Empey, who led the UUP between and 2005 and 2010 and was briefly acting first minister in 2001, went on to suggest that, “as things stand”, Northern Ireland is unlikely to see a return to fully devolved government before the inquiry into the Renewable Heat Incentive scheme is complete -  a process which could take up to a year to complete.

“Adams is now in complete control of Sinn Fein,” he said, adding that it remained unclear whether McGuinness’ successor Michelle O’Neill would be “allowed to plough an independent furrow”. “He has no equal within the organisation. He is in total command of Sinn Fein, and that is the way it is. I think he’s even more powerful today than he was before Martin died – by virtue of there just being nobody there.”

Asked what impact the passing of McGuinness, the former deputy first minister and leader of Sinn Fein in the north, would have on the chances of a devolution settlement, Empey, a member of the UUP’s Good Friday Agreement negotiating delegation, said: “I don’t think it’ll be positive – because, for all his faults, Martin was committed to making the institutions work. I don’t think Gerry Adams is as committed.

Empey added that he believed Adams did not want to work within the constitutional framework of the Good Friday Agreement. In a rebuke to nationalist claims that neither Northern Ireland secretary James Brokenshire nor Theresa May can act as honest or neutral brokers in power-sharing negotiations given their reliance on the DUP’s eight MPs, he said: “They’re not neutral. And they’re not supposed to be neutral.

“I don’t expect a prime minister or a secretary of state to be neutral. Brokenshire isn’t sitting wearing a hat with ostrich feathers – he’s not a governor, he’s a party politician who believes in the union. The language Sinn Fein uses makes it sound like they’re running a UN mandate... Gerry can go and shout at the British government all he likes. He doesn’t want to be trapped in the constitutional framework of the Belfast Agreement. He wants to move the debate outside those parameters, and he sees Brexit as a chance to mobilise opinion in the republic, and to be seen standing up for Irish interests.”

Empey went on to suggest that Adams, who he suggested exerted a “disruptive” influence on power-sharing talks, “might very well say” Sinn Fein were “’[taking a hard line] for Martin’s memory’” and added that he had been “hypocritical” in his approach.

“He’ll use all of that,” he said. “Republicans have always used people’s deaths to move the cause forward. The hunger strikers are the obvious example. They were effectively sacrificed to build up the base and energise people. But he still has to come to terms with the rest of us.”

Empey’s frank assessment of Sinn Fein’s likely approach to negotiations will cast yet more doubt on the prospect that devolved government might be salvaged before Monday’s deadline. Though he admitted Adams had demanded nothing unionists “should die in a ditch for”, he suggested neither party was likely to cede ground. “If Sinn Fein were to back down they would get hammered,” he said. “If Foster backs down the DUP would get hammered. So I think we’ve got ourselves a catch 22: they’ve both painted themselves into their respective corners.”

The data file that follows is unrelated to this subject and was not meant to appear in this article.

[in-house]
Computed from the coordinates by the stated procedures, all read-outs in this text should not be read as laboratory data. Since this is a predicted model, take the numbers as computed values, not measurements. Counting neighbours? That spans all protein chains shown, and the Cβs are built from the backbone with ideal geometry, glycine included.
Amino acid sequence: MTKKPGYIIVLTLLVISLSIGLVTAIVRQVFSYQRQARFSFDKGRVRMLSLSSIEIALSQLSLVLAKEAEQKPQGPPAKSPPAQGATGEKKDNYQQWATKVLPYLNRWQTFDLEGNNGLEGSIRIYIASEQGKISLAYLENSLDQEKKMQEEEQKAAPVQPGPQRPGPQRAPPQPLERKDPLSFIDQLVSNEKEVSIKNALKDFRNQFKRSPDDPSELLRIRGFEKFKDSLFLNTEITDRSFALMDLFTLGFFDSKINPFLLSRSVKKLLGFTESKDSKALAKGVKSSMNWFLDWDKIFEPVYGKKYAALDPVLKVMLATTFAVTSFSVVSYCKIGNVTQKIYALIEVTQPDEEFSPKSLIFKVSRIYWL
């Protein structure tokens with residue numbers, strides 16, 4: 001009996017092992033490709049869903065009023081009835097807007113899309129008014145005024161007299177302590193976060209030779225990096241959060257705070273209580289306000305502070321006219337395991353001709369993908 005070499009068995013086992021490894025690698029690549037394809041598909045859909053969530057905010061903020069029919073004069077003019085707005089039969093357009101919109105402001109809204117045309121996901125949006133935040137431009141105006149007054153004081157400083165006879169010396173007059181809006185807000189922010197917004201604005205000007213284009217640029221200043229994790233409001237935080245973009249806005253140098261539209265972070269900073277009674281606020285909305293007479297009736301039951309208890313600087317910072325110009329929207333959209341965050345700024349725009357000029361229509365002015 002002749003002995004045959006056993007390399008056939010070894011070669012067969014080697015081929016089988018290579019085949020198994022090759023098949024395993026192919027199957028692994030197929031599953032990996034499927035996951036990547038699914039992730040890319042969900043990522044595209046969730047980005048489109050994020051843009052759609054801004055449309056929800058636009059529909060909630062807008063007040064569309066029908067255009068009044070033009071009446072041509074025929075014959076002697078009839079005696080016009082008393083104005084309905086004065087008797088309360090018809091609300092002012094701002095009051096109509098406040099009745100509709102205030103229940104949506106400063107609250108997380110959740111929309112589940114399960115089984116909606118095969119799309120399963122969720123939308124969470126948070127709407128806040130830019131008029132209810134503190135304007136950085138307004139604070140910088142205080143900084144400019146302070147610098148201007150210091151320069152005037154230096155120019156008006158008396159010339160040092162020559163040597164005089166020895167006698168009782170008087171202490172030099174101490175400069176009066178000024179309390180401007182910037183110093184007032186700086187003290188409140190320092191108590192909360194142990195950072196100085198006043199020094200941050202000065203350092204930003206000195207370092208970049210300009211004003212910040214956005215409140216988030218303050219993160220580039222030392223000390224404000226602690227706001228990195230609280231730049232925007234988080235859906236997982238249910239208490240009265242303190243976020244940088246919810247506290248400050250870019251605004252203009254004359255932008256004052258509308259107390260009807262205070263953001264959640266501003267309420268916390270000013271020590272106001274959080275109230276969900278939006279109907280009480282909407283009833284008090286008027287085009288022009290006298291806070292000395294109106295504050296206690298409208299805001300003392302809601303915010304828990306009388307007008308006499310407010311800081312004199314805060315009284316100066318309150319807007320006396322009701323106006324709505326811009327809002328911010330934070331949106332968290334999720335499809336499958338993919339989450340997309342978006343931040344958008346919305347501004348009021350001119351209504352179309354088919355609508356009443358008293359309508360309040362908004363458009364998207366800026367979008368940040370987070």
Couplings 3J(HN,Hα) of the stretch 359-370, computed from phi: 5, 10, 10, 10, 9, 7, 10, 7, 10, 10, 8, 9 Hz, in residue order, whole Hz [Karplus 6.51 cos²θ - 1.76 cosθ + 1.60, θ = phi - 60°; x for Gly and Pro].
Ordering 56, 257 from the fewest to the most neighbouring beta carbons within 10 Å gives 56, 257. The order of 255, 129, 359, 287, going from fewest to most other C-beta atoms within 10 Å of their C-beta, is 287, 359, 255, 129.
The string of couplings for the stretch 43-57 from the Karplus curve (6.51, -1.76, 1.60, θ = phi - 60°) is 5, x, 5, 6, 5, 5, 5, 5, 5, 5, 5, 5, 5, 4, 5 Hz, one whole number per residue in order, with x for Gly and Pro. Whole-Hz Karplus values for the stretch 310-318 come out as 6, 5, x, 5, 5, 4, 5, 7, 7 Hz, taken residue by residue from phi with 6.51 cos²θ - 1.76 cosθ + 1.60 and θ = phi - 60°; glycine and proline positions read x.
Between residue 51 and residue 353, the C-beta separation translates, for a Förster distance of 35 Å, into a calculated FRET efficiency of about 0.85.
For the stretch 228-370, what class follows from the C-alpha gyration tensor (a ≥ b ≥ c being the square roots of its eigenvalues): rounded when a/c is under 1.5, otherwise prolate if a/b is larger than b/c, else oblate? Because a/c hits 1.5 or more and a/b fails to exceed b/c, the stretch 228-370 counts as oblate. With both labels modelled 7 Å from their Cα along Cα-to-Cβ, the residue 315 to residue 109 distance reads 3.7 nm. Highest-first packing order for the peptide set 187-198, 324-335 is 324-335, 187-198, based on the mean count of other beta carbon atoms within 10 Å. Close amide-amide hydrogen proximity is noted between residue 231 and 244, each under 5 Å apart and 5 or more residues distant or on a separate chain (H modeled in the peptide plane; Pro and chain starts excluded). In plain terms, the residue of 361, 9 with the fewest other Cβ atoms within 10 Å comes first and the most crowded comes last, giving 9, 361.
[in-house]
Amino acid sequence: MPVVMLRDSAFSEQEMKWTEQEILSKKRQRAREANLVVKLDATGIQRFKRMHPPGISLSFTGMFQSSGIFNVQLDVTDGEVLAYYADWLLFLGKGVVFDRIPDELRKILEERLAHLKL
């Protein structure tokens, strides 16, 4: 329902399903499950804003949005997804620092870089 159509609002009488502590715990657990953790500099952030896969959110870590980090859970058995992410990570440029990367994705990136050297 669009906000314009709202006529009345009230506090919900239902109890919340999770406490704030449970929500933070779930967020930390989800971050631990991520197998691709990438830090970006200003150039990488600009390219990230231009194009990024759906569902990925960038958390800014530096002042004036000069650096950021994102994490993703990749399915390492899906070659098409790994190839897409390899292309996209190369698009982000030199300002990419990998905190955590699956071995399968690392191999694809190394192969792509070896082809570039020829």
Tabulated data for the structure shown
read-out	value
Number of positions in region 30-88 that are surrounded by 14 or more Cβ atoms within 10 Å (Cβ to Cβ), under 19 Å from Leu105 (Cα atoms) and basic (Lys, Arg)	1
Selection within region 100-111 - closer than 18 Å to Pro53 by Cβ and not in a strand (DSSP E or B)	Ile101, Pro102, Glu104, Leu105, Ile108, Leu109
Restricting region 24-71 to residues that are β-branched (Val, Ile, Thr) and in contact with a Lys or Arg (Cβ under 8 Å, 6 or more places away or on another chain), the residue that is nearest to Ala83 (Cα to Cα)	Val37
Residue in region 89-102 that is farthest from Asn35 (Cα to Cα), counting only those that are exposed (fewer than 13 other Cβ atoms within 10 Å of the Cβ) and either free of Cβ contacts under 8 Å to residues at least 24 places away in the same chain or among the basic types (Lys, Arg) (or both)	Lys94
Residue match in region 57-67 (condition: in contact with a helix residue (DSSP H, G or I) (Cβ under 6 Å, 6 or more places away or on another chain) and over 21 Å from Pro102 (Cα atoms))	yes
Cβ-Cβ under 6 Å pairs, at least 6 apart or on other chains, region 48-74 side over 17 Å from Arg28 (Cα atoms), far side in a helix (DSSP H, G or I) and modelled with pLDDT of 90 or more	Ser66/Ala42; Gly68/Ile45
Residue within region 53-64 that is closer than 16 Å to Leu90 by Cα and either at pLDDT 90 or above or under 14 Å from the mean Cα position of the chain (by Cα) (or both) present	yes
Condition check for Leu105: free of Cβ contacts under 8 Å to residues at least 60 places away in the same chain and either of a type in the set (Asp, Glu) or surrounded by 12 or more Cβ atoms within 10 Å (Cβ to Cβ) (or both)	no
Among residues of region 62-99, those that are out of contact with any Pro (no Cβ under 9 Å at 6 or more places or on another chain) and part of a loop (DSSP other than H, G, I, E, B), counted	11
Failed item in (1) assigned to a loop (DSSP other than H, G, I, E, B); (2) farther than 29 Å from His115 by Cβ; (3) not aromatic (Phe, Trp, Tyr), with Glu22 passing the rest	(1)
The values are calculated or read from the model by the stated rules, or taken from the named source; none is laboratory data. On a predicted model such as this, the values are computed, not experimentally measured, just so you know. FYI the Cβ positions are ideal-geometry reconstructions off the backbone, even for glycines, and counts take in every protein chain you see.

In addition, Empey accused DUP leader Arlene Foster of squandering the “dream scenario” unionist parties won at last year’s assembly election with a “disastrous” campaign, but added he did not believe she would resign despite repeated Sinn Fein demands for her to do so.

 “It’s very difficult to see how she’s turned that from being at the top of Mount Everest to being under five miles of water – because that’s where she is,” he said. “She no longer controls the institutions. Martin McGuinness effectively wrote her resignation letter for her. And it’s very difficult to see a way forward. The idea that she could stand down as first minister candidate and stay on as party leader is one option. But she could’ve done that for a few weeks before Christmas and we wouldn’t be here! She’s basically taken unionism from the top to the bottom – in less than a year”.

Though Foster has expressed regret over the tone of the DUP’s much-criticised election campaign and has been widely praised for her decision to attend Martin McGuinness’ funeral yesterday, she remains unlikely to step down, despite coded invitations for her to do so from several members of her own party.

The historically poor result for unionism she oversaw has led to calls from leading loyalists for the DUP and UUP – who lost 10 and eight seats respectively – to pursue a merger or electoral alliance, which Empey dismissed outright.

“The idea that you can weld all unionists together into a solid mass under a single leadership – I would struggle to see how that would actually work in practice. Can you cooperate at a certain level? I don’t doubt that that’s possible, especially with seats here. Trying to amalgamate everybody? I remain to be convinced that that should be the case.”

Accusing the DUP of having “led unionism into a valley”, and of “lashing out”, he added: “They’ll never absorb all of our votes. They can try as hard as they like, but they’d end up with fewer than they have now.”

Patrick Maguire writes about politics and is the 2016 winner of the Anthony Howard Award.